Tuesday, July 1, 2008

Being Productive

So we got this email in the office last week that basically told us two things. First, we’re not being productive enough. Second, the company is under budget for the year so we’re not getting raises this year. Well, we might get a raise if the company can make up what we’re down in budget. No one’s holding their breath. The solution to that...are you ready...work more hours, at the same pay so that we’ll be more productive.

Then we had a meeting to hear about all this that’s going on and it started with the big wig in HR telling us that the company is putting out as much or more than last year with 33 less employees, yet we’re not productive. Hold on, that doesn’t make sense to me. So we’re doing as much or more with less and we’re not productive? Sounds to me like what we’re doing is 2+2=5 but what the company is telling us is that what we’re doing is 2+2=3.

Previously we’ve worked a 36.5 hour work week, which has been great, don’t get me wrong. Now, to be more productive, we’ll be working a 40 hour work week (not counting lunch breaks). But to make us feel all warm and fuzzy, the company is instituting flex time, of a sort. It’s not a full flex, so I couldn’t work 10 hours Monday through Thursday and take off Friday, but I could work 6-3 instead of 8-5 or a variation there abouts, as long as the deparment is covered from 10-2. All this and no merit increases, so I don’t get my measly 3% this year when the cost of everything is climbing.

This announcement came on Friday and takes effect today. Since we got this email, I don’t think my productivity has improved that much. I also don’t think it’s a good idea to make the staff all disgruntled and what not.

With the family to support, and no raise, that’s going to hurt. Now I could take some more hours at the library, but then that’s less time at home, and I’m already not home to see my son two nights a week and gone all day Saturday as well. Plus I think my lovely, beautiful, deadly wife would kill me (the insurance payoff just might be worth it). What’s a guy to do? I know, I’ll start selling organs on the black market!

That’s about it for my good news. How about the rest of you?

4 comments:

vince said...

As we all know, pointy-haired management people can't add. In fact, they generally aren't very bright. It's ma Dilbert world out there.

In my last corporate job (over 21 years ago - yippee!) I was a programmer and a trainer on the same software. My boss and her boss felt that if you were the programmer, then you were also the tester, and you should find all the bugs before the release. Oddly enough, I was taught just the opposite - the tester and the programmer should never be the same person. Further, the only way to have bug-free code is to mathematically prove the code, a process too expensive to do except when bugs would turn into human death, such as embedded software in planes, trains or cars.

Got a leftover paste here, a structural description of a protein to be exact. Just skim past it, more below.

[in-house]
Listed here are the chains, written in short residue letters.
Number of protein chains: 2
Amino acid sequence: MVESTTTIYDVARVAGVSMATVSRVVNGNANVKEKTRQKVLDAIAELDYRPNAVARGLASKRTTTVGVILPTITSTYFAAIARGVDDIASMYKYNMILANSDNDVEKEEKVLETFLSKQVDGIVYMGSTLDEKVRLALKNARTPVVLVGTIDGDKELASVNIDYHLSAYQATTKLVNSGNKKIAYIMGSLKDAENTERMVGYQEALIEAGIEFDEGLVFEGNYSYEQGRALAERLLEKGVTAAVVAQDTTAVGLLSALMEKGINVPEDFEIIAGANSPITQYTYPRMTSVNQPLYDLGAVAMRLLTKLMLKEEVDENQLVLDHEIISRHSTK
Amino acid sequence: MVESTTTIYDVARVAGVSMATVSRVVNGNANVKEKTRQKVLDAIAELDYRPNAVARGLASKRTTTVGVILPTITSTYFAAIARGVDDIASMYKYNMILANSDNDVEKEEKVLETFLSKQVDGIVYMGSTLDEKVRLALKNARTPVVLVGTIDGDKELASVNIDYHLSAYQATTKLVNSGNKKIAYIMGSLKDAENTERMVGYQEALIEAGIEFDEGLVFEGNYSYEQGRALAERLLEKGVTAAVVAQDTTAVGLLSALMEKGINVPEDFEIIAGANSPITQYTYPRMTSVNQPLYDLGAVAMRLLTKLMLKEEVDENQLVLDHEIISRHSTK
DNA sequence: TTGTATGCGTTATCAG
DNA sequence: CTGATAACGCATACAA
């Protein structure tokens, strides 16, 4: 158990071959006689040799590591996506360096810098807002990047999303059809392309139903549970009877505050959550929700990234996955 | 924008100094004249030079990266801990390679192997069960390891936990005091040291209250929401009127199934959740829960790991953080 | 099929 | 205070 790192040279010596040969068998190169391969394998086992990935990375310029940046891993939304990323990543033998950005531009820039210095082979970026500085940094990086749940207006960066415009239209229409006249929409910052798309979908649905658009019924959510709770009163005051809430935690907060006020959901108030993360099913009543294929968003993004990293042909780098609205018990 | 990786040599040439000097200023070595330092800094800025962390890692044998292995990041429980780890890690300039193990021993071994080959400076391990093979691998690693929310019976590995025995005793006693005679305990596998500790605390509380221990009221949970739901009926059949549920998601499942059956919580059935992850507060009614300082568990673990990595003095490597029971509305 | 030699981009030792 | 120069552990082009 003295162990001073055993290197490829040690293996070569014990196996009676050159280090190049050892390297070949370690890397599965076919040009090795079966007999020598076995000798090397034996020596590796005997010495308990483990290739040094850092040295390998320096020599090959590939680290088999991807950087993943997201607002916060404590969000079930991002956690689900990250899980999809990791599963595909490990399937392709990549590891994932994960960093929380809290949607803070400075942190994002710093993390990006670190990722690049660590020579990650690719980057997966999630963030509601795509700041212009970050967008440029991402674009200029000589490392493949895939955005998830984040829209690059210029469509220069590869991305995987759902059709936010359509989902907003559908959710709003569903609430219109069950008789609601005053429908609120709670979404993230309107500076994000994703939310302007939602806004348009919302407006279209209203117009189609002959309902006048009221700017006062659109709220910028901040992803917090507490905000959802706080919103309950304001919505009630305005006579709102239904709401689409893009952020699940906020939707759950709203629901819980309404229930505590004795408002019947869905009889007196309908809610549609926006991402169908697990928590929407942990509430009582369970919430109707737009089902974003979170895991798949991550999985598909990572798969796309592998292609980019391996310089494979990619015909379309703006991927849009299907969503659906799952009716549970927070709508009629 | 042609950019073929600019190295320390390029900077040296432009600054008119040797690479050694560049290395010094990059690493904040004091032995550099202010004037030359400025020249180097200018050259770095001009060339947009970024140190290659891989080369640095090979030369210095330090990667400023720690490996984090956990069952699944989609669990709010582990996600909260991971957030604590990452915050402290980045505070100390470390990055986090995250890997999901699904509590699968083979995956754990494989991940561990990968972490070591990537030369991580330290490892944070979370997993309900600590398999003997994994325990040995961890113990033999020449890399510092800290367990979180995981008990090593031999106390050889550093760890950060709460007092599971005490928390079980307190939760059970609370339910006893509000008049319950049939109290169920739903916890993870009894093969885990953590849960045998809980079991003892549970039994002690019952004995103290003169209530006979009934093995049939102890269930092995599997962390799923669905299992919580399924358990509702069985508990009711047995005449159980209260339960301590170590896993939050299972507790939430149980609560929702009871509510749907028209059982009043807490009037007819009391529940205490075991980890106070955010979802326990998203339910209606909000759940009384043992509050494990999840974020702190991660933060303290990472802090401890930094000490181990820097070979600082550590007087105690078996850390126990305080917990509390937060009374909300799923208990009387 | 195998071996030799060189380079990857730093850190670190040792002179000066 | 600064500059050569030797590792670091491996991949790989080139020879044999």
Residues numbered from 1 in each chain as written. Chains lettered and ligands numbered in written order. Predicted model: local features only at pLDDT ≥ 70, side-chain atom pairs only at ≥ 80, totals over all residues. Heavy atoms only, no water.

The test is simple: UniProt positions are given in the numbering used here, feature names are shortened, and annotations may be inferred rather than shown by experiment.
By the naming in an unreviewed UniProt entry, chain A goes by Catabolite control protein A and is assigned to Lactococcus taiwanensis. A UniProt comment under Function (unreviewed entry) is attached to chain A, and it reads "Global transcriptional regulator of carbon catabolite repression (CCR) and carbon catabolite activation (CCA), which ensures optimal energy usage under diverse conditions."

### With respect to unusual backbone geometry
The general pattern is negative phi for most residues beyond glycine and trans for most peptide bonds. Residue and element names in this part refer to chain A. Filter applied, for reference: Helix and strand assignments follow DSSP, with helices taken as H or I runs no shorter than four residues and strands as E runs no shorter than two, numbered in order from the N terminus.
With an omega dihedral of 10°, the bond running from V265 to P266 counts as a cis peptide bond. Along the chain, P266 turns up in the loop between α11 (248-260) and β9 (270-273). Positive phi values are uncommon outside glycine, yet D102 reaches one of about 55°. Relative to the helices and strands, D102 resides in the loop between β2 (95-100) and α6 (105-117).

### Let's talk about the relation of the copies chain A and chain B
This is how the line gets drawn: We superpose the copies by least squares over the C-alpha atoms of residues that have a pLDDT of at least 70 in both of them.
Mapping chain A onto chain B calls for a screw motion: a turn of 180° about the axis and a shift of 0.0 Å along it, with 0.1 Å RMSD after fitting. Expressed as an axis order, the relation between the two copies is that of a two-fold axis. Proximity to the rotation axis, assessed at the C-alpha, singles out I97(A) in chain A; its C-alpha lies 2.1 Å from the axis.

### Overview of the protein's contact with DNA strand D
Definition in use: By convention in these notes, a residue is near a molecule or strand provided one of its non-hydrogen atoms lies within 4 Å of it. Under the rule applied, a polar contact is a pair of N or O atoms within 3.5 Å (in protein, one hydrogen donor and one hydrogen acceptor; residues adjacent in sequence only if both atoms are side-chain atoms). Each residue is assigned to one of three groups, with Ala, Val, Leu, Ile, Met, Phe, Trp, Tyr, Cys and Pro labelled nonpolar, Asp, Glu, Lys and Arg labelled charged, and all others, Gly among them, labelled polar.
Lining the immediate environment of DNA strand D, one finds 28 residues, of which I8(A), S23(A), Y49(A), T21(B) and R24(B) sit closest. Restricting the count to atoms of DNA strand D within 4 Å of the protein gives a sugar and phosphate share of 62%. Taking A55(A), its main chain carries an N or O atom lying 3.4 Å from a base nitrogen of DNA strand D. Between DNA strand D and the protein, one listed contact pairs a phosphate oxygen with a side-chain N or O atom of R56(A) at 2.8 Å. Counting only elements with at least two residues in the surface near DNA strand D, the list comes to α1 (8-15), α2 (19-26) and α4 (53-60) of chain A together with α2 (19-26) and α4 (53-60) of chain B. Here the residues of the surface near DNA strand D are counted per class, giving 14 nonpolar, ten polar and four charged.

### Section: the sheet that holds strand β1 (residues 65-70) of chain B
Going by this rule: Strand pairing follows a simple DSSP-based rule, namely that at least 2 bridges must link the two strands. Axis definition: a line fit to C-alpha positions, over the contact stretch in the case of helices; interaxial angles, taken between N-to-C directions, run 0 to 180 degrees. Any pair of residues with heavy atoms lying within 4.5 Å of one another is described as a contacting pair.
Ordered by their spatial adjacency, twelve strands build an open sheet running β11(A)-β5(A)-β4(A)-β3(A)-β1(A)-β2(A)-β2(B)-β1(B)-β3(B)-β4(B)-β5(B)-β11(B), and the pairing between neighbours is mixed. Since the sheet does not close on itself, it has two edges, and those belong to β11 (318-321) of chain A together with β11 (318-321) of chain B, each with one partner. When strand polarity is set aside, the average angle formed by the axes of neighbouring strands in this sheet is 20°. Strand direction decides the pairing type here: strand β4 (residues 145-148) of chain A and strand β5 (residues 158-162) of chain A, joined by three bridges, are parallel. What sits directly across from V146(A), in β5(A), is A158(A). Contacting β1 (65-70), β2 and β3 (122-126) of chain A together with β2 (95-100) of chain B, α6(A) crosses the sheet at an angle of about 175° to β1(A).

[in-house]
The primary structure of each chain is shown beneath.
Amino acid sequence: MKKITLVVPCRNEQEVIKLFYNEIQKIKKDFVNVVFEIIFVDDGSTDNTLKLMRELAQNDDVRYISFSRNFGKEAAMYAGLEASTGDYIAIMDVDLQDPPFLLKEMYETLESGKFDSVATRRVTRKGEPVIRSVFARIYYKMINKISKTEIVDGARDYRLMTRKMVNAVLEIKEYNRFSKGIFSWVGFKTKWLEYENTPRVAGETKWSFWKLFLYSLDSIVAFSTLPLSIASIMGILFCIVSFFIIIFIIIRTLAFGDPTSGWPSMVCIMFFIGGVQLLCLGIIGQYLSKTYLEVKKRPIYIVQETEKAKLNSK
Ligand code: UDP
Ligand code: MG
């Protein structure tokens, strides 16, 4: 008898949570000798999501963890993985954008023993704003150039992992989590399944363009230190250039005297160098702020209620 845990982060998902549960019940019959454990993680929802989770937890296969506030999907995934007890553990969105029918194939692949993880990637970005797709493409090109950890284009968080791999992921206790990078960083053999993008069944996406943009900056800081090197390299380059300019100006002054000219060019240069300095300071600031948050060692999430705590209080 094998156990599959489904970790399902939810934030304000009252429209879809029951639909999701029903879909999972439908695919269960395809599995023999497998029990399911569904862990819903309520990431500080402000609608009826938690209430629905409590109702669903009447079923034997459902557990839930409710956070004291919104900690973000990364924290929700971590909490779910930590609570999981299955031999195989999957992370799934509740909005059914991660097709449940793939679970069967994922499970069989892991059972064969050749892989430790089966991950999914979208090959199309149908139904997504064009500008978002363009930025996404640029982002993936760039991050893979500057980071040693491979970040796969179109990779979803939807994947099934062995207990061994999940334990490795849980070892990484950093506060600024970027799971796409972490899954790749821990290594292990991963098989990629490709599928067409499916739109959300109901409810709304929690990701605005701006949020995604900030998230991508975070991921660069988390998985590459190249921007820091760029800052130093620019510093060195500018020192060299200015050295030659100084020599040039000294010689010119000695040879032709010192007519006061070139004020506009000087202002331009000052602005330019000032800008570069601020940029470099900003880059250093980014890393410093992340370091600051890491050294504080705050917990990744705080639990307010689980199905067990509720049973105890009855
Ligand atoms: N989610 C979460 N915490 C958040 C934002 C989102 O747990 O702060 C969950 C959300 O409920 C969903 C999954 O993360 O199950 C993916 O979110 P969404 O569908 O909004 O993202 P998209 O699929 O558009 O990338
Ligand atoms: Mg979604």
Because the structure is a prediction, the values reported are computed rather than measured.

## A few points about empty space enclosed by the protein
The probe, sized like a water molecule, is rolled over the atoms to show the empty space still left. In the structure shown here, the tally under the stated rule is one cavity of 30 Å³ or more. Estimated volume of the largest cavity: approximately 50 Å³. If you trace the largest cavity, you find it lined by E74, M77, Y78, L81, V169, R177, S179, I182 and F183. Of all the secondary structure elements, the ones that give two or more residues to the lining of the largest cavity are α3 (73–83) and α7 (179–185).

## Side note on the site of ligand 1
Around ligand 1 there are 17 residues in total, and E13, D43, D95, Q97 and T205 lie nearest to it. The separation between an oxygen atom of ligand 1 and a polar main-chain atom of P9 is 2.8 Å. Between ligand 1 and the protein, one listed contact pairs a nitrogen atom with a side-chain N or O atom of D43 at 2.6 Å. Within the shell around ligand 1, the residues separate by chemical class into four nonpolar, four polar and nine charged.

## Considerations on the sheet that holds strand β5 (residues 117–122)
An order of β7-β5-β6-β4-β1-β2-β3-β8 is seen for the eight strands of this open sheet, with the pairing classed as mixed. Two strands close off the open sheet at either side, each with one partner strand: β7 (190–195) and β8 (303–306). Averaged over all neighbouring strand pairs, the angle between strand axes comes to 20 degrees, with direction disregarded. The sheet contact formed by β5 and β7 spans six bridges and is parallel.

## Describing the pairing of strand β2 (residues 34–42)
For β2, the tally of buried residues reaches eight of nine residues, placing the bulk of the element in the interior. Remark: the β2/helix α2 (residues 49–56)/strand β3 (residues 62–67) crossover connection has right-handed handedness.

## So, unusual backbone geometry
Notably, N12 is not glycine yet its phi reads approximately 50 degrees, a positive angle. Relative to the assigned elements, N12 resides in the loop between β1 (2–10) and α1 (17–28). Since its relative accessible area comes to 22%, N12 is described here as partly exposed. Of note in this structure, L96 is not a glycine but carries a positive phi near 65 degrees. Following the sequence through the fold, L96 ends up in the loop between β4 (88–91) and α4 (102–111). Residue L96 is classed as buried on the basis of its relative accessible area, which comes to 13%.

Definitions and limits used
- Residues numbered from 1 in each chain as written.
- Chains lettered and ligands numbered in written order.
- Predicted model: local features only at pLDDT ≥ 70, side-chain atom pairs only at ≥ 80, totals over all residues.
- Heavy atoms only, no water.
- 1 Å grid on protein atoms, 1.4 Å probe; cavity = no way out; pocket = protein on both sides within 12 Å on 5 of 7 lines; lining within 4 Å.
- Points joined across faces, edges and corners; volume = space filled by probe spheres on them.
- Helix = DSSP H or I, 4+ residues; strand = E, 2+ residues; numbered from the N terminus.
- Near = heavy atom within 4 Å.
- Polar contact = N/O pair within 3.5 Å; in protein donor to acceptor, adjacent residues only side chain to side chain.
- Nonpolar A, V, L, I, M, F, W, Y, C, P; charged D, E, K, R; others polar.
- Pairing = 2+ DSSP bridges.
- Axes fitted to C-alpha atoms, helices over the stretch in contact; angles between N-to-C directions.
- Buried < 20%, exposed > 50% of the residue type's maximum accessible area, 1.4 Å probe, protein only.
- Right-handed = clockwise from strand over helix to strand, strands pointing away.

Shortly after the clash we had over this, I left the corporate world and have never looked back.

I definitely feel your pain. And I'm afraid that I would have lost my job if I were working there, because I would have asked quite loudly your very question - how can you be doing as much or more with significantly fewer people and not be productive. And if I got no answer, I would have asked even louder.

Yeah, good thing I work for me.

Matt Warnock said...

We'll see how long it lasts. Everyone is questioning the logic in this decision, and we're wondering if in three months, when they evaluate the new program, if that's just another way of saying there'll be layoffs.

Jeri said...

Matt - there is definitely a diminishing level of return on doing more with less, and torpedoing morale has a lot to do with that.

My company has had a flat operating budget and staffing head count for several years, at the same time we've grown infrastructure and product catalog significantly. It's gotten pretty ridiculous.

And in IT, occasionally, the execs look to us for some magic bullet solution, a technical platform that will miraculously cost little, implement quickly and easily, and automate functions while requiring little or no support. Yep, that's gonna happen, let me get right on it.

Good luck to you with the adjustment. I feel your pain. :P

Matt Warnock said...

Jeri - I'm always amazed around here when the higher ups think IT can just wave some magic wand and A)get things working or B)implement some new thing on one of our websites in the blink of an eye. They don't understand that these things take time and our IT and web development groups are swamped as it is.